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I am trying to estimate the effect of Universal Primary Education programs on domestic violence in a sample of Sub-Saharan countries. This program has been implemented in a different year in each country (e.g. 1994 in Malawi, 2001 in Tanzania and so on). Thus I am wondering which experimental design is better for this kind of data.

I was thinking about using a Diff-in-Diff but I need a different pre/post dummy for each of the countries of my analysis because the treatment is unique but it has been implemented in each country in a different year. Thus, my idea was to do something like

\begin{gather} Y=\alpha T+\beta\sum_{i=1}^ND_i+\delta\sum_{i=1}^ND_i*T+\epsilon \end{gather} where $T$ is the treatment dummy that is always the same and $D_i$ are the different year dummies. Moreover, I would add country fixed effects to keep constant the cross-country differences.

Is this specification meaningful? Or should I think of something different?

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What you are attempting to do is sometimes referred to as staggered difference-in-differences. So you have units which receive a treatment at different points in time. Your specification, $$ y_{it} = \alpha_i + \delta_t + \sum_{k} \gamma_k D_{ik} + \epsilon_{it} $$

would be one way of dealing with this, where $y_{it}$ is the outcome for country $i$ in year $t$, $\alpha_i$ and $\delta_t$ are country and year dummies, and $D_{ik}$ is an indicator which is equal to one for country $i$ adopting the policy in all $k\geq t$ periods. This is similar to the approach taken in Stevenson and Wolfers (2006) in the Quarterly Journal of Economics.

If you are interested in plotting the pre-treatment trends, you can standardize the time dimension as $m$ periods before and $g$ periods after the treatment. In this case you have a certain time window around the adoption of the policy, $(m,...,-3,-2,-1,0,1,2,3,...,g)$ where $0$ is the last pre-treatment period. So your data would look something like, for example,

i     t      time    D
1     2001   -2      0
1     2002   -1      0
1     2003    0      0
1     2004    1      1
1     2005    2      1
2     1997   -2      0
2     1998   -1      0
2     1999    0      0
2     2000    1      1
...

and so on. Then you can regress $$ y_{ij} = \alpha_i + \lambda_j + \sum_{j = m}^{-1} \pi_j T_{ij} + \sum_{j=1}^{g} \phi_{j}K_{ij} + \epsilon_{ij} $$

where $j = (m,...,3,2,1,0,1,2,3,...,g)$, and $T_{ij}$ are interactions of the treatment indicator (which equals one if country $i$ has ever adopted the policy) and time dummies for all periods before time $0$. Likewise $K_{ij}$ is the treatment indicator interacted with time dummies for all periods after time $0$. When you plot the $\pi_j$ and $\phi_j$, you will then get a graph like this:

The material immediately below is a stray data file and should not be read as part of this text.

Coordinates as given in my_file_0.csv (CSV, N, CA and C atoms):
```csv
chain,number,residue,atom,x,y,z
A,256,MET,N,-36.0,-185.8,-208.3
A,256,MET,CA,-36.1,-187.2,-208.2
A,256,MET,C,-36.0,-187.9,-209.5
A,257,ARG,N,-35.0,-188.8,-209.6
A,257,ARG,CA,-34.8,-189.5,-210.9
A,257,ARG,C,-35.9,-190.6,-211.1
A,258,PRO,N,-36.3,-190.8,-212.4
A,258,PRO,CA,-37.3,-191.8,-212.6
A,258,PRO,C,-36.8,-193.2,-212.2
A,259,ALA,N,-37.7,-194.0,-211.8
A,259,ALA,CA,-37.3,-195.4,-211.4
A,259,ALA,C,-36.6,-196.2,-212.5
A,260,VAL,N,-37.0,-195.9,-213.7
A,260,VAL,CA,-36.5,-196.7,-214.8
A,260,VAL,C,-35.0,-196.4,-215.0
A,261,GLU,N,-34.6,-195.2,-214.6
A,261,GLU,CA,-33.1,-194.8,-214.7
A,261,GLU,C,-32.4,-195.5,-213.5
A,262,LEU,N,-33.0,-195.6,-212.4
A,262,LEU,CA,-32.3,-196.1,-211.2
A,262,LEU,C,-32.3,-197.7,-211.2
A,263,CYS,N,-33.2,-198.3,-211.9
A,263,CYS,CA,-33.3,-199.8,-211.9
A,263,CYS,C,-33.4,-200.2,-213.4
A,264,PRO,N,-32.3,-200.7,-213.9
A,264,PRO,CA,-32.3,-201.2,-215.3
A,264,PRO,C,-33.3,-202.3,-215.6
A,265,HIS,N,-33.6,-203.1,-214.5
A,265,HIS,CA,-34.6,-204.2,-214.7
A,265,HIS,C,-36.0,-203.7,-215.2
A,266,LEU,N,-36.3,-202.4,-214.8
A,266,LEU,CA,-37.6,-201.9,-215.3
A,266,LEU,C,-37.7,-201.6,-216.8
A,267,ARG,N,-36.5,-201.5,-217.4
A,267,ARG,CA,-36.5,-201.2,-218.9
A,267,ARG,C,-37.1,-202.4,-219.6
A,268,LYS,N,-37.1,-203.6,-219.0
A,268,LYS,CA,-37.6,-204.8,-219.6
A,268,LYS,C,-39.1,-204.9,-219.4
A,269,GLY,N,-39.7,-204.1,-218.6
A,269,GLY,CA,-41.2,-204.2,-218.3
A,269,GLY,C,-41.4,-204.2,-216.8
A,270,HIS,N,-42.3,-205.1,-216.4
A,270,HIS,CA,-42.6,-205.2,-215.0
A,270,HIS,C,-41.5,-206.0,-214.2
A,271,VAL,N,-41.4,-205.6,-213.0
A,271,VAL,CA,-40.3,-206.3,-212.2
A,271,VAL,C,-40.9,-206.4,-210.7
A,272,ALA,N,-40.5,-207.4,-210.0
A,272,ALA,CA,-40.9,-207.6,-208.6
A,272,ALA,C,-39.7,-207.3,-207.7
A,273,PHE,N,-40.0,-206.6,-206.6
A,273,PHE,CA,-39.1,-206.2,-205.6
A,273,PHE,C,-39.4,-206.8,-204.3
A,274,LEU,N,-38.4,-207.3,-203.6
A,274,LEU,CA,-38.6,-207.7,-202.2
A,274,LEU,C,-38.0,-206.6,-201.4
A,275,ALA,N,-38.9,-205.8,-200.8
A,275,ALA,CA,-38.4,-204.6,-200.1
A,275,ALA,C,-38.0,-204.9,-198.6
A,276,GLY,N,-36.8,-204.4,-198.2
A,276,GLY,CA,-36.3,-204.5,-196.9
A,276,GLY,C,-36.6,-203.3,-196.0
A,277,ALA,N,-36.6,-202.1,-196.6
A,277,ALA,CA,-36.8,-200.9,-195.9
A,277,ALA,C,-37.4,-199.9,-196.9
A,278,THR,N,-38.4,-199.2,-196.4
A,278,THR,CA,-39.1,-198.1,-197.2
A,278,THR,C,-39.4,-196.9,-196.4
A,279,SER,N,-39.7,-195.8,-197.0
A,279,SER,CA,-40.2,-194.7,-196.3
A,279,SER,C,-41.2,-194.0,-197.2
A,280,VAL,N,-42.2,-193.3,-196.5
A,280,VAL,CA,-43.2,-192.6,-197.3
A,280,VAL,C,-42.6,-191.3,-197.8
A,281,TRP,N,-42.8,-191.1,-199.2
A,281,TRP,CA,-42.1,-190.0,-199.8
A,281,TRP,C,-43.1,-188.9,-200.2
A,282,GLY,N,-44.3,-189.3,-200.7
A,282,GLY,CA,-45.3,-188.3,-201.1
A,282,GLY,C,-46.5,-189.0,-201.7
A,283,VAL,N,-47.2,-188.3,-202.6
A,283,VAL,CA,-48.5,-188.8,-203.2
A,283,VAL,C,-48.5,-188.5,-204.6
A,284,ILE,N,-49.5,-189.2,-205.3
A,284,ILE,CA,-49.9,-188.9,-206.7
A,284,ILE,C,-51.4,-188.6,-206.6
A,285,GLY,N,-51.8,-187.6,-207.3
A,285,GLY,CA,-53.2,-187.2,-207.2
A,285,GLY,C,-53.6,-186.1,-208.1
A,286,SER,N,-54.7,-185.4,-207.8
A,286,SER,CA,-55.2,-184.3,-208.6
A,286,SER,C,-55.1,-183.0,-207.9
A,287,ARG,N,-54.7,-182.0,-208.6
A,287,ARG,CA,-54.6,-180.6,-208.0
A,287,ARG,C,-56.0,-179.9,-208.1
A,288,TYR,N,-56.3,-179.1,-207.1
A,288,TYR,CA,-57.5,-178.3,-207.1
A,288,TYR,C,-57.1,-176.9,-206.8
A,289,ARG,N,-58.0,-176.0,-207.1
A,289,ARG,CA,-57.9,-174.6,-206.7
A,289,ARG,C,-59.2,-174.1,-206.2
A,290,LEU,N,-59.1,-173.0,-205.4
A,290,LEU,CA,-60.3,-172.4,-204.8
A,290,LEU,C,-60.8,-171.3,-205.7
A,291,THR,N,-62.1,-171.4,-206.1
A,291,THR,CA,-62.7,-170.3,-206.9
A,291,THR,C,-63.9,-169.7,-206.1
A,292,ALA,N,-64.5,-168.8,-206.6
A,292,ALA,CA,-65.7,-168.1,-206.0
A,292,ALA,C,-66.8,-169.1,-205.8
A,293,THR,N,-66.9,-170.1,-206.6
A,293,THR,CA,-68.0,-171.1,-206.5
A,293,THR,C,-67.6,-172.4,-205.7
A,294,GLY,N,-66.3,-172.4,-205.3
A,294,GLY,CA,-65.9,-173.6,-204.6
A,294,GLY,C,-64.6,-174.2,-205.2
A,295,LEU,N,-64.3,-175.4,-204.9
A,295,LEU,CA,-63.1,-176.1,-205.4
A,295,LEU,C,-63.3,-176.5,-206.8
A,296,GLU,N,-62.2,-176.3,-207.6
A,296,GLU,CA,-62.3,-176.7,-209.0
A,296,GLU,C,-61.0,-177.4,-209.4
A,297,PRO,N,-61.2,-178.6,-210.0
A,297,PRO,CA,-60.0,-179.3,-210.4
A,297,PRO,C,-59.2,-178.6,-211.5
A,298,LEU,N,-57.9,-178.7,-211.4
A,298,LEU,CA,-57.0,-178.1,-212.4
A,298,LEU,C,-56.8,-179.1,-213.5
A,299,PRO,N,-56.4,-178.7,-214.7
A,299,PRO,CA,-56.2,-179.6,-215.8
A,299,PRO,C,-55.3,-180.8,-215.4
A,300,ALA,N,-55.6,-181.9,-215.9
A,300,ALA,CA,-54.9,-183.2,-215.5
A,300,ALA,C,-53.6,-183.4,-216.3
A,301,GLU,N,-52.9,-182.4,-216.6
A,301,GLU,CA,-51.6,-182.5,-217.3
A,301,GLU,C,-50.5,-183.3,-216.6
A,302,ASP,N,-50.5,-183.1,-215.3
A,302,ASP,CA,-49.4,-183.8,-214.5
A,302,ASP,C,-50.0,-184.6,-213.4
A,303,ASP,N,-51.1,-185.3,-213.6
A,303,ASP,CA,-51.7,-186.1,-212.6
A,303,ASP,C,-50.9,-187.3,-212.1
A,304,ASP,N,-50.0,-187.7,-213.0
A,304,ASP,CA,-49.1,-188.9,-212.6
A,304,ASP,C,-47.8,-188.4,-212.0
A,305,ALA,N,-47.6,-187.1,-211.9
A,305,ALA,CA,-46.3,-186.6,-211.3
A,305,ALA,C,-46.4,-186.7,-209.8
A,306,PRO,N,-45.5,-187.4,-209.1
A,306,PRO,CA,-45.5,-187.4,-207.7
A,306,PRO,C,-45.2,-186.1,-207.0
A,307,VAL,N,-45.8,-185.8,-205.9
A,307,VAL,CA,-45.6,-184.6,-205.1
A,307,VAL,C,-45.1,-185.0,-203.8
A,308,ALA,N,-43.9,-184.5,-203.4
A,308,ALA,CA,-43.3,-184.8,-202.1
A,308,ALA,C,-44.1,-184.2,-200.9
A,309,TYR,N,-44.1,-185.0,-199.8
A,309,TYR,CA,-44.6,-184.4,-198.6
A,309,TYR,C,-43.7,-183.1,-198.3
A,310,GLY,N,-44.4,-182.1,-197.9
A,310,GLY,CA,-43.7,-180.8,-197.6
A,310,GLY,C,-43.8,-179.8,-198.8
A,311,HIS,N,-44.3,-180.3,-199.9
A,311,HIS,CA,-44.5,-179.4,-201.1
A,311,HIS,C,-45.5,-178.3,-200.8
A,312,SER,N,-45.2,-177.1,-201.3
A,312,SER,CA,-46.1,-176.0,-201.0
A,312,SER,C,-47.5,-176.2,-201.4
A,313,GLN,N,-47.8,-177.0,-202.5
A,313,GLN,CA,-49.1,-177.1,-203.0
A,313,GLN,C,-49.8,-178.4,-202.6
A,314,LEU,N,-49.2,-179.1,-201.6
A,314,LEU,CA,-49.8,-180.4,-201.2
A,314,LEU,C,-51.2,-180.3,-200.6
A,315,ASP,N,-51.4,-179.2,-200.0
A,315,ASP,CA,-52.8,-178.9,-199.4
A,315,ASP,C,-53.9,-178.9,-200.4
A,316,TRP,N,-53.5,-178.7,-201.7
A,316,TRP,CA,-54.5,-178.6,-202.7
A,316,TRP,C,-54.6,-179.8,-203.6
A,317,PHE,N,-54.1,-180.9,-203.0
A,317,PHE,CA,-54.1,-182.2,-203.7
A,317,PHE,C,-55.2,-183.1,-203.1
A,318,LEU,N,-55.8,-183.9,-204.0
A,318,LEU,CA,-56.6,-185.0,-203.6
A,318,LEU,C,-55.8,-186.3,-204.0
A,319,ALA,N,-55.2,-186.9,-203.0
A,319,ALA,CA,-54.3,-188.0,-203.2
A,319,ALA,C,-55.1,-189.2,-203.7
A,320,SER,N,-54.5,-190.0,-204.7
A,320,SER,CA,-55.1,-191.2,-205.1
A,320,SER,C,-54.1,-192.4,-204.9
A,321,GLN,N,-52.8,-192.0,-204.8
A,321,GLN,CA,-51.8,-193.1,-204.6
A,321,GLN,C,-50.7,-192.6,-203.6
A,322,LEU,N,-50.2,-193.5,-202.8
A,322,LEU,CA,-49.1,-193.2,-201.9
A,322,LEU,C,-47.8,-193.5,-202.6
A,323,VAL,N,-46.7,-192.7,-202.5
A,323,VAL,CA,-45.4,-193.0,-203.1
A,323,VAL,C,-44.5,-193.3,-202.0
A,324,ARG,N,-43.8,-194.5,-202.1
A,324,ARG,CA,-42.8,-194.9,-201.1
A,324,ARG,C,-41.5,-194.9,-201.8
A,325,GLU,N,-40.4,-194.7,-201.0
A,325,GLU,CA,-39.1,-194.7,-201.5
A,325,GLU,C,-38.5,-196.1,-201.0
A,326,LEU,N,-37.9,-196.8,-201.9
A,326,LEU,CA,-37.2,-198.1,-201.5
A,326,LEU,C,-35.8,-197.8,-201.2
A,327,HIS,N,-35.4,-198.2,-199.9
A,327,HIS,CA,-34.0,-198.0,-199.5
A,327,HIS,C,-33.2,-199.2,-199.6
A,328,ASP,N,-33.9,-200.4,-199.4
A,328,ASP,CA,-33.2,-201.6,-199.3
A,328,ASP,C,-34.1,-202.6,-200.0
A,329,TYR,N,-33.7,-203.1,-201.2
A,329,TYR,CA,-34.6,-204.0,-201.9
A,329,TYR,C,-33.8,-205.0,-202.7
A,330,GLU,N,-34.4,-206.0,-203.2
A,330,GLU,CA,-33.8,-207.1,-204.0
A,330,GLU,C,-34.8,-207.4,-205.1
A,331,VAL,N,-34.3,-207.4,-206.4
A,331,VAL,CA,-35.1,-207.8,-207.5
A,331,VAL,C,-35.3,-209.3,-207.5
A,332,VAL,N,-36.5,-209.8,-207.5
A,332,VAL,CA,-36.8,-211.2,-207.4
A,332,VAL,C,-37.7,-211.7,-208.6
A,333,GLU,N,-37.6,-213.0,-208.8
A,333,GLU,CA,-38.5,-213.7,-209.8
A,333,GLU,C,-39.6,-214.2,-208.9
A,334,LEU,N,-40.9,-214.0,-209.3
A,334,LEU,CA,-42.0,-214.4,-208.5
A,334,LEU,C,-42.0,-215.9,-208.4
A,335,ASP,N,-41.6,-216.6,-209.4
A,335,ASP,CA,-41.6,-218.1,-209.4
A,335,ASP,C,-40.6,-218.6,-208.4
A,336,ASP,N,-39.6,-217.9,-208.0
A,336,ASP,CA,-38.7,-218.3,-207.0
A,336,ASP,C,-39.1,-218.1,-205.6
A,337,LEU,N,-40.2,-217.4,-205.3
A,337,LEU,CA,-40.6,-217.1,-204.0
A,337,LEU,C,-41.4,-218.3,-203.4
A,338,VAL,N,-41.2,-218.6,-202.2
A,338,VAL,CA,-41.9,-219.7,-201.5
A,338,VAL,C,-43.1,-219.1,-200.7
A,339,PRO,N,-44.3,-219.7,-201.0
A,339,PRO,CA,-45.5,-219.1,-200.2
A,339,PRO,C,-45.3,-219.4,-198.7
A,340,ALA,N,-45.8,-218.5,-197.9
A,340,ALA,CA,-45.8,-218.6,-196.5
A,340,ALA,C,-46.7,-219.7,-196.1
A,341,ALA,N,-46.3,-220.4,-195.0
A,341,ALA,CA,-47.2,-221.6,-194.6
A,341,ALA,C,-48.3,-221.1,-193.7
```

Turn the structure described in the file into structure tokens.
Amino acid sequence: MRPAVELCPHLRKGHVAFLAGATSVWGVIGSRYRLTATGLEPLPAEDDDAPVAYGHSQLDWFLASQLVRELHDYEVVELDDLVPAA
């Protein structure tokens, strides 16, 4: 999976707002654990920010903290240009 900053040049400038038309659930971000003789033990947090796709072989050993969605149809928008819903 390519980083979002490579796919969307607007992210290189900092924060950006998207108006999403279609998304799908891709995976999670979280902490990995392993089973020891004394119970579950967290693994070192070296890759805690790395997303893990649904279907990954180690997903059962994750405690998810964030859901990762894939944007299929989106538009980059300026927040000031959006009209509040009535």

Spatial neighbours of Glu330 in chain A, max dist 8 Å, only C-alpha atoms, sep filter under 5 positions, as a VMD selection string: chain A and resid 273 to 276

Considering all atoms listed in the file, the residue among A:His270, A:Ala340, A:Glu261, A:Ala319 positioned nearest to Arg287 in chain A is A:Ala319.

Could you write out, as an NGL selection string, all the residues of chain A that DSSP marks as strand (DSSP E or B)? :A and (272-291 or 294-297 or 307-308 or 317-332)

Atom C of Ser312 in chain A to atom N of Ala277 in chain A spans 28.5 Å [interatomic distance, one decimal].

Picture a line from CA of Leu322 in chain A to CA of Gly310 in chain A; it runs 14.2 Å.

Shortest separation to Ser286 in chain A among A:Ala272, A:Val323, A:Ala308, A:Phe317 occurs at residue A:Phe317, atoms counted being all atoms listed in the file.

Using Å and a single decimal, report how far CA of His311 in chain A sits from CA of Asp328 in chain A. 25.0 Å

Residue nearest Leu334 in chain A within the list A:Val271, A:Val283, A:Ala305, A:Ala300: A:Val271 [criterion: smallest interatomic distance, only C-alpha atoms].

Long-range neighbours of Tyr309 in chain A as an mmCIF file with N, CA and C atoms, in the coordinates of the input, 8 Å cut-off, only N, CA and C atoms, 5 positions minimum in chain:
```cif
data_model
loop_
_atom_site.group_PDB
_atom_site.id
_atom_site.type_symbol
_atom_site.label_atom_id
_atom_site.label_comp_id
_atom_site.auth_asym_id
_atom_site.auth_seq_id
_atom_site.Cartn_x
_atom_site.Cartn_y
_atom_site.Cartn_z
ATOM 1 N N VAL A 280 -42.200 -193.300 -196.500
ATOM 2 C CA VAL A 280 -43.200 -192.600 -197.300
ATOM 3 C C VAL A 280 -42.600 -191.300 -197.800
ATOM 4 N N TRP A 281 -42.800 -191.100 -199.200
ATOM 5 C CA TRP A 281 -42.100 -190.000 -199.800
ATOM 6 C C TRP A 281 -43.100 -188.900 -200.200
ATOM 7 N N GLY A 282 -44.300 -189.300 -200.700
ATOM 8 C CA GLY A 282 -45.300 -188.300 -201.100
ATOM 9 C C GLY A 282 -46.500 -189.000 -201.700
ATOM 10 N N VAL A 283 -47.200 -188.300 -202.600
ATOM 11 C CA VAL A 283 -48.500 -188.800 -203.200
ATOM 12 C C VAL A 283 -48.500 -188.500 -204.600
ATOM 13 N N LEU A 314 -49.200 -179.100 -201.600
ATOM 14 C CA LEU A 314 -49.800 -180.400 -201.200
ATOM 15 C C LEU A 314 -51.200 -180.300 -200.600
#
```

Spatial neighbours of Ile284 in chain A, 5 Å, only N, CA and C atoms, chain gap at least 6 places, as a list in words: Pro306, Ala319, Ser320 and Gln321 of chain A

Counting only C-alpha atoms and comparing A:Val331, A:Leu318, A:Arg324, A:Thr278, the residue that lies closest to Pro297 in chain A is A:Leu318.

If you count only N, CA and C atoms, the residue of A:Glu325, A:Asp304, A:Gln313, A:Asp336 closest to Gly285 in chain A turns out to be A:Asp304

enter image description here

Note though that this is a stylized graph. It would be a bit suspicious if ALL your $\pi_j$ are exactly zero, but ideally you should not see any significant coefficients for the treatment before time $0$ (taking into account the confidence intervals). The $\phi_j$ coefficients will then tell you how long it takes for your treatment to reach its full effect, or whether it persists/fades out after implementation.

Another recent (working) paper which uses staggered diff-in-diff and that you can consult is Gipper et al (2016). Hope this helps!

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  • $\begingroup$ where is Control group in this setting? $\endgroup$
    – Jason Goal
    Nov 21 '18 at 21:17
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    $\begingroup$ Ran across this when looking for answers to a similar question. FYI, this first approach has been shown to be biased if effects change over time (see Goodman-Bacon 2018). The second approach is basically an event study which is better but requires good data. $\endgroup$
    – Danielle
    Mar 15 '19 at 21:56
  • $\begingroup$ Very helpful @Danielle. More generally, can this type of set up be used when there are multiple treatments? Say, some countries got an educational program and others got a monetary aid package? $\endgroup$
    – BHudson
    Mar 18 '19 at 19:39
  • $\begingroup$ @andy I'm wondering if perhaps you got the interpretation of ๐œ‹๐‘— and ๐œ™๐‘— reversed? Based on my reading of Angrist (2009) Mostly harmless econometrics eq 5.2.6), ๐œ‹๐‘— is actually giving you the postreatment effect and ๐œ™๐‘— gives you the anticipatory effect. e.g. think about it this way: if you regress Y_0 ~ ๐œ‹_(-1) and ๐œ™_2, this is telling you that the ๐œ‹ at time -1 has a later effect on Y at time 0, it's is measuing the lag. Similarly, for ๐œ™๐‘— $\endgroup$
    – dval
    Oct 9 '20 at 19:27
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    $\begingroup$ @dvaaaaaaaalllllll111111111llll You are correct. It doesnโ€™t comport with what is in their book. It doesnโ€™t matter though, as long as you are clear about what is your lead and what is your lag. See a similar question I asked a while ago. $\endgroup$ Nov 26 '20 at 2:26

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